Interiors that defy convention are the focus of prototype designers’ experiments. The interior of a car can be transformed into a comfortable lounge or functional office space if it is driven autonomously. A two-seater luxury ride with a love seat in front of a huge screen—the only thing missing is popcorn—in Cadillac’s eye-catching concept self-driving automobile, InnerSpace.

According to Lisa Reeves, head of interior design at Volvo, electrification is making more space inside the vehicle even before completely autonomous vehicles are available. This is because it eliminates the need for gas-powered motors. Based on the customer’s intended use, Volvo Cars designed a concept study for a self-driving vehicle with four customizable modular interiors: office, living room, party car, and sleeping car. The way people use their cars is changing, and with that comes the integration of new technologies into cars. The lifestyles of our customers are the subject of extensive investigation, according to Reeves.

Car seats are now required to face forward, but they can swivel. For instance, Audi has exhibited a range of vehicles with varying interiors that integrate connectivity and autonomous driving technologies to “create a third living space” apart from the house and workplace, as part of its ongoing development of what it terms the Sphere design idea. The biggest of the series, the urbansphere, lends itself most to transformation into a mobile workplace.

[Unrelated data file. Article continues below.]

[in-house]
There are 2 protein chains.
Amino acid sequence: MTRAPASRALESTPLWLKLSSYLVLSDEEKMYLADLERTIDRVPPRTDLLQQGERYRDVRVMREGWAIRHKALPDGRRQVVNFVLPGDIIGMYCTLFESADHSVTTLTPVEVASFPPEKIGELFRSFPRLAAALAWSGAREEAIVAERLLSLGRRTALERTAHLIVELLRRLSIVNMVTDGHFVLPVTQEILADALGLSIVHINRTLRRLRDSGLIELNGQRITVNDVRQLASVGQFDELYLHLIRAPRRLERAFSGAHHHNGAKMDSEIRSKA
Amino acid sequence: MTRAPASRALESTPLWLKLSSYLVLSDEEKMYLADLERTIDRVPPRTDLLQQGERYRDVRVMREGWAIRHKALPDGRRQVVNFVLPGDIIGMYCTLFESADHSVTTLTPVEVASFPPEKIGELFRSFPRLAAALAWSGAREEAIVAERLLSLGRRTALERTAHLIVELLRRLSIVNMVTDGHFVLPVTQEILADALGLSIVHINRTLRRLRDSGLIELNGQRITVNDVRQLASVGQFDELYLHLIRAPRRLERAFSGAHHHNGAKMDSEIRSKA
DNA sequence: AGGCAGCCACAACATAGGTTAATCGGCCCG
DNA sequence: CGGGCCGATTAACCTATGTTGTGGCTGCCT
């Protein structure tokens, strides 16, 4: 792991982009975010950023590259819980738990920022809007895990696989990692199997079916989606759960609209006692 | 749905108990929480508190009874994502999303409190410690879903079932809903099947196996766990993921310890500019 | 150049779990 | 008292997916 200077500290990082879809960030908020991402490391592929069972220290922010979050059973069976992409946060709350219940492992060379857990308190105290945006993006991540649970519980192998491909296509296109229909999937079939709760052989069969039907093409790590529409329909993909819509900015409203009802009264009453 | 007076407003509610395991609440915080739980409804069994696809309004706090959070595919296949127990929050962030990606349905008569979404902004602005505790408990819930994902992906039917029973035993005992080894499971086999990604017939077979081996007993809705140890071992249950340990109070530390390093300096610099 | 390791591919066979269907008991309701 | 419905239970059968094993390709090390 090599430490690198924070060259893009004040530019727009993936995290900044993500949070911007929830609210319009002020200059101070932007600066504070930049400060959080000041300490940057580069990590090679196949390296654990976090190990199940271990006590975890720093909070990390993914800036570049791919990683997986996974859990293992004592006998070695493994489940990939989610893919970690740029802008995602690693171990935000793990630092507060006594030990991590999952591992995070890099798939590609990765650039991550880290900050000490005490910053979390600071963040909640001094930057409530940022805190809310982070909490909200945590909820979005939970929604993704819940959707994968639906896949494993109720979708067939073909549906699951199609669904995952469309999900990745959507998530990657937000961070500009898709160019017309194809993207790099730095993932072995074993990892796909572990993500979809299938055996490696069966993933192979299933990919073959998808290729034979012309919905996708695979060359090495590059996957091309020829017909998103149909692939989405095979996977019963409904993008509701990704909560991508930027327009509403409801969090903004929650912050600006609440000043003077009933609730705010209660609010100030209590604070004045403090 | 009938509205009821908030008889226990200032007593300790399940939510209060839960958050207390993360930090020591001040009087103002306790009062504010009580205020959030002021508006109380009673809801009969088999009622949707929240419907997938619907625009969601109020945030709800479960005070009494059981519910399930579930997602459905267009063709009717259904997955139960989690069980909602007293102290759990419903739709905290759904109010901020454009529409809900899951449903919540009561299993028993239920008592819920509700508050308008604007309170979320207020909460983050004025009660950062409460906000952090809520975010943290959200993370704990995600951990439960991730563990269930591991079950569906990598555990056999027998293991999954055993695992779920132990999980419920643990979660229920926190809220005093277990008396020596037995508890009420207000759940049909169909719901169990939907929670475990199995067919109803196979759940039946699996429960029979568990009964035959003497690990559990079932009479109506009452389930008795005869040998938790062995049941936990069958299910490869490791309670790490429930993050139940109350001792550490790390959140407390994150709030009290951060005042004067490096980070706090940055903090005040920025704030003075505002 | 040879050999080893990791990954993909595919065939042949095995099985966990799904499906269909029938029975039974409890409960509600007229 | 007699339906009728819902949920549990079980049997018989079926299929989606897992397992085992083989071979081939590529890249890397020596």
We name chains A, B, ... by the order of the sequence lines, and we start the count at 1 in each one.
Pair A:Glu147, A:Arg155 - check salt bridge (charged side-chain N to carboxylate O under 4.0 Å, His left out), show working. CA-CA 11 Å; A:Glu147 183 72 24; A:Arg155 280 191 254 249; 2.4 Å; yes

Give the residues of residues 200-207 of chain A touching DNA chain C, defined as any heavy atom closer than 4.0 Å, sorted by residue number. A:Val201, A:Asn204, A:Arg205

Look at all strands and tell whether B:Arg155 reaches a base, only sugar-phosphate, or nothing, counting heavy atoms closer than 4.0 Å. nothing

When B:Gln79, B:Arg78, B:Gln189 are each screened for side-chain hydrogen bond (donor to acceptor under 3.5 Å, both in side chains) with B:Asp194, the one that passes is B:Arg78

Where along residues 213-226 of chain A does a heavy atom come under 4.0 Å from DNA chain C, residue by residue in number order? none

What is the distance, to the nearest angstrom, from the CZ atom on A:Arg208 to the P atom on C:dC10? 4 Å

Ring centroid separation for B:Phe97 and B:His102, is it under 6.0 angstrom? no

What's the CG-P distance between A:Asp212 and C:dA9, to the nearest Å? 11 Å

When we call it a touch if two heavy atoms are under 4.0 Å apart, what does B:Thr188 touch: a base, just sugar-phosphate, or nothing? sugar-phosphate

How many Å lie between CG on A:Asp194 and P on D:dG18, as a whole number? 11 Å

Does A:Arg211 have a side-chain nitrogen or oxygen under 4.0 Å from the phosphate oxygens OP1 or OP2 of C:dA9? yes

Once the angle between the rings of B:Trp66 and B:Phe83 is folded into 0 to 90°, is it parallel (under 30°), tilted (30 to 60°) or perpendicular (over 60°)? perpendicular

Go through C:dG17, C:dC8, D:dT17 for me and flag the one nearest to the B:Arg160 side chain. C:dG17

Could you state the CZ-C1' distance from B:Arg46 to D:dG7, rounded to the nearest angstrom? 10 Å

The front seats of the concept car can rotate while you’re driving, letting you keep an eye on the backseat occupants. They don’t, however, entirely reverse course.

Reverse riding can make people nauseous, according to Josef Schlossmacher, who represents Audi in their exhibition cars.

In addition to figuring out how to accommodate safety features like airbags and seat belts, designers are tackling additional obstacles to making the automobile interior more like a living room.

New technology, in addition to changes in aesthetics, may revolutionize the automobile as a location of efficient work. The incorporation of mobile device interfaces into vehicle control panels was only the start.

According to Schneiderbauer of McKinsey, the next generation of vehicles may use holographic technology instead of the trendy huge screens of the past. A CEO may have virtual board meetings, virtual negotiations with a business partner whose image would be shown inside the vehicle, or even just virtual golf advice traded.

So long as he were physically present, he claims, it would be fine. The vehicle can stand in for your office in this arrangement. You may take longer rides without feeling rushed because the ride is just as comfortable as your office.